Taylor, Taylor and Hobson Ltd report further improvements in the corrections of Cooke Speed Panchro lenses which are in use by the leading studios and largely employed by leading cameramen to the exclusion of all others. They are equally in demand in the continental and American studios. Most of the leading colour systems also use Cooke lenses, and it is interesting to note that the latest Technicolor productions have been taken with specially designed Cooke lenses.Kinematograph Year Book, 1935
Of all the great movies filmed with Cooke Speed Panchros, The Wizard of Oz is perhaps the best known. The scene where Dorothy steps into the technicolor world of Munchkinland had a huge wow effect on audiences and dispelled any lingering doubts about the future of color movies.
The New Golden Age of Television
The most recent golden age of TV began in 1999 when HBO aired The Soporanos. This was followed by ABC's Lost, a mystery box show that helped shift the TV landscape from its conventional episodic format to serialized dramas with season-long arcs and various subplots.
Standout shows from this era include Rome, Breaking Bad, Games of Thrones and Chernobyl, all of which were filmed with either Cooke S4 or Speed Panchro lenses. One of the biggest hits of 2023, The Last of Us, was filmed exclusively with Cooke S4/i lenses.
Cooke Lenses: The "Cooke Look"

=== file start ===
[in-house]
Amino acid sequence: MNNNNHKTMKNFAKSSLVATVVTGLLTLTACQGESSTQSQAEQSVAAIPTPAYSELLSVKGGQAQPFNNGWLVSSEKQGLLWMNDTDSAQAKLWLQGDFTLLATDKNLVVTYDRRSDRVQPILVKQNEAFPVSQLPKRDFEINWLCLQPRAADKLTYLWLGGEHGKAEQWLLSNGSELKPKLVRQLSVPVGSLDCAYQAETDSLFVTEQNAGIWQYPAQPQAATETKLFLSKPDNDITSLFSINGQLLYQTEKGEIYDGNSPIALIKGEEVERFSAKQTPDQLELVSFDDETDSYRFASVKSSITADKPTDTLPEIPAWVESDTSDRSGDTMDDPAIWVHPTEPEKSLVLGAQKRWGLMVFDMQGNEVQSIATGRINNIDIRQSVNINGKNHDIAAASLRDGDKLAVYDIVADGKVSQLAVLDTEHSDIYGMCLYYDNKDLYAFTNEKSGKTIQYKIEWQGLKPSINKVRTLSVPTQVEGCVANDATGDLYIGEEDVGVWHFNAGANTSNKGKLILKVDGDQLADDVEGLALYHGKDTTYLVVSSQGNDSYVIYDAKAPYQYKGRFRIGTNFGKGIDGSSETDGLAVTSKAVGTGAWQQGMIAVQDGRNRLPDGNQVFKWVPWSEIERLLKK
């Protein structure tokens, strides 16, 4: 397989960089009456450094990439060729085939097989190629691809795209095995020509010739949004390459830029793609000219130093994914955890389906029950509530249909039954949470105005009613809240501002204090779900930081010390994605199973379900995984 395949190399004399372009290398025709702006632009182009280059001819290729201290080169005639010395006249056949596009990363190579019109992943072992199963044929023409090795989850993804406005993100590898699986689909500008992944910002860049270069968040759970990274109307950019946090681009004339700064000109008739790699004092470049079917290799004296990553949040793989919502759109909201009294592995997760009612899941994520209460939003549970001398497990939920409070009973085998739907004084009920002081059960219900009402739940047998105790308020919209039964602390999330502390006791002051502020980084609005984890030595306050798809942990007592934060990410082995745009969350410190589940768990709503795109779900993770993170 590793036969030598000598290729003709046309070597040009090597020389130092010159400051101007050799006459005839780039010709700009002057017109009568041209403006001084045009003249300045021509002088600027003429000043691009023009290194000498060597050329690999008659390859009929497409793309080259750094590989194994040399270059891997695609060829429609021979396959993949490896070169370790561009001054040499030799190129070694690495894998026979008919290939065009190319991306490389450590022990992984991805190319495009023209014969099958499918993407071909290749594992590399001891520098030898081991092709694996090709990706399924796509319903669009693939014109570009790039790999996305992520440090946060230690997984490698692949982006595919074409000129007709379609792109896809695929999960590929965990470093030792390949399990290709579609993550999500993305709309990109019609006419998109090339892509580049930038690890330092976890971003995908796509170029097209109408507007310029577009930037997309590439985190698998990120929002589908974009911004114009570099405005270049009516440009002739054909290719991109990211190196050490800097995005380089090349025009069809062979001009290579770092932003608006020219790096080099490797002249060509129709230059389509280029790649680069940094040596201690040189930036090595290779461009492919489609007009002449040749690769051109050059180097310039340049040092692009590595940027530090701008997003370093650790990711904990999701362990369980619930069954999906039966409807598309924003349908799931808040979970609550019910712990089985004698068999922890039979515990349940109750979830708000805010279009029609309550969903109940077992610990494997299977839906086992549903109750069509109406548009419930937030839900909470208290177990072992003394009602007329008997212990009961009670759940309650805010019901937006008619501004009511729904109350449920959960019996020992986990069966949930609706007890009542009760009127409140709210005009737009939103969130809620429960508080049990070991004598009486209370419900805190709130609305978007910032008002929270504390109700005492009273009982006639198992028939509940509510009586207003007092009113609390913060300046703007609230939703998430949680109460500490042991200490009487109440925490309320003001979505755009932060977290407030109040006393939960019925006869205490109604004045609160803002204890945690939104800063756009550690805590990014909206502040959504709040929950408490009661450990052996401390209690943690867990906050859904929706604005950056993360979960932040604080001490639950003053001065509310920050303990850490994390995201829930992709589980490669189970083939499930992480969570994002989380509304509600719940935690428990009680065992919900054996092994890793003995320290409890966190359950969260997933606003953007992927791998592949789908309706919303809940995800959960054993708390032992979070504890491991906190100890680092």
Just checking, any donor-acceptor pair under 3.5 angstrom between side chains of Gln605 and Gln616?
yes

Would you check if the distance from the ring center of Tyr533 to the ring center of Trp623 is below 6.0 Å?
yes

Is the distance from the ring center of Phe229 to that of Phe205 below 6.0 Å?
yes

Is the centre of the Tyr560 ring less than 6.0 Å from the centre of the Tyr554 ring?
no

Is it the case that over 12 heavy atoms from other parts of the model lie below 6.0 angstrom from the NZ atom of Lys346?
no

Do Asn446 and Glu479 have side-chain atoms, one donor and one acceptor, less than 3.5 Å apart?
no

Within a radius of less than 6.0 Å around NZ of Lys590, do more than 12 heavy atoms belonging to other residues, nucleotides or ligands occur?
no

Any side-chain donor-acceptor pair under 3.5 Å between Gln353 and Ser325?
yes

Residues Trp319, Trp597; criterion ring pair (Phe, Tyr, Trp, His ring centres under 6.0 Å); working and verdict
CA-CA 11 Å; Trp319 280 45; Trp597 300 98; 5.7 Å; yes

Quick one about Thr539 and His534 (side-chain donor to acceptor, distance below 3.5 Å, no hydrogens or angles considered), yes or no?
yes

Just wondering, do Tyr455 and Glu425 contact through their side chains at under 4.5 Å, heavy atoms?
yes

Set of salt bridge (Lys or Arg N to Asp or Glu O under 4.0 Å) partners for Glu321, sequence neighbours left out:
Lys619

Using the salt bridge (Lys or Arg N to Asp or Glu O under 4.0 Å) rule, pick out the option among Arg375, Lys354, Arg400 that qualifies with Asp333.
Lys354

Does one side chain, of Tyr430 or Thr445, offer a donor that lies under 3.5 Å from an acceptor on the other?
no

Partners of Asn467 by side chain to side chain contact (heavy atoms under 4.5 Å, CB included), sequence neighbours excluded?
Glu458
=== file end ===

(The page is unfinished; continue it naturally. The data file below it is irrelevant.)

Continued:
Cherished by cinematographers, the "Cooke Look" is a set of characteristics that typically include color rendition, resolution, flare and bokeh.
- Color Cooke lenses have a very slight yellow bias that conjures memories of Hollywood's golden age and some of the more vibrant productions from the 1970s. It's this bias that gives Cooke lenses their warmth and makes them especially good at capturing skin tones, foliage, softly-lit interiors, and other subjects with greens, sky blues and light oranges.
- Resolution Cooke lenses are among the sharpest available, but it's not an obsessive sharpness that renders subjects cold and sterile. Portrait shots are crisp and alive rather than harsh or clinical. And as the subject falls out of focus, the transition is wonderfully smooth, subtle and soft.
- Bokeh There are plenty of videos showing the out-of-focus characteristics of Cooke lenses, and they're interesting to watch. Bokeh seems to enlarge in the center of the frame and get gradually smaller towards the edges. It's an elegant effect that's sometimes magical to see.
When you know what to look for, it's possible to spot the "Cooke Look" in movies and TV shows, but it's also possible to misidentify the lens. Angenieux primes, for example, often create a look that's very similar to Cooke's.
Cooke Lenses: Recent History
Taylor Taylor & Hobson changed its name over the years and was bought and sold just as often. Production of still camera lenses ceased in the mid 1960s and by the early 1990s the company was struggling. Then, out of nowhere, an American named Les Zellan came along, bought the company, renamed it Cooke Optics, injected a wad of cash and completely reinvigorated the brand.
No fewer than 8 new ranges were introduced over the next 2 decades, including modernized versions of the legendary Speed Panchros. Especially popular was the S4 series, released a few months after Zellan bought Cooke and used to film one of the best ever James Bond movies, Casino Royale. They were upgraded in 2005 to include i/Technology, a metadata protocol that records key information about every frame shot.
Finally, in 2013 Cooke Optics won an Oscar for continuing innovation. The award ceremony took place at the Beverly Hills Hotel, but unfortunately I can't find a video.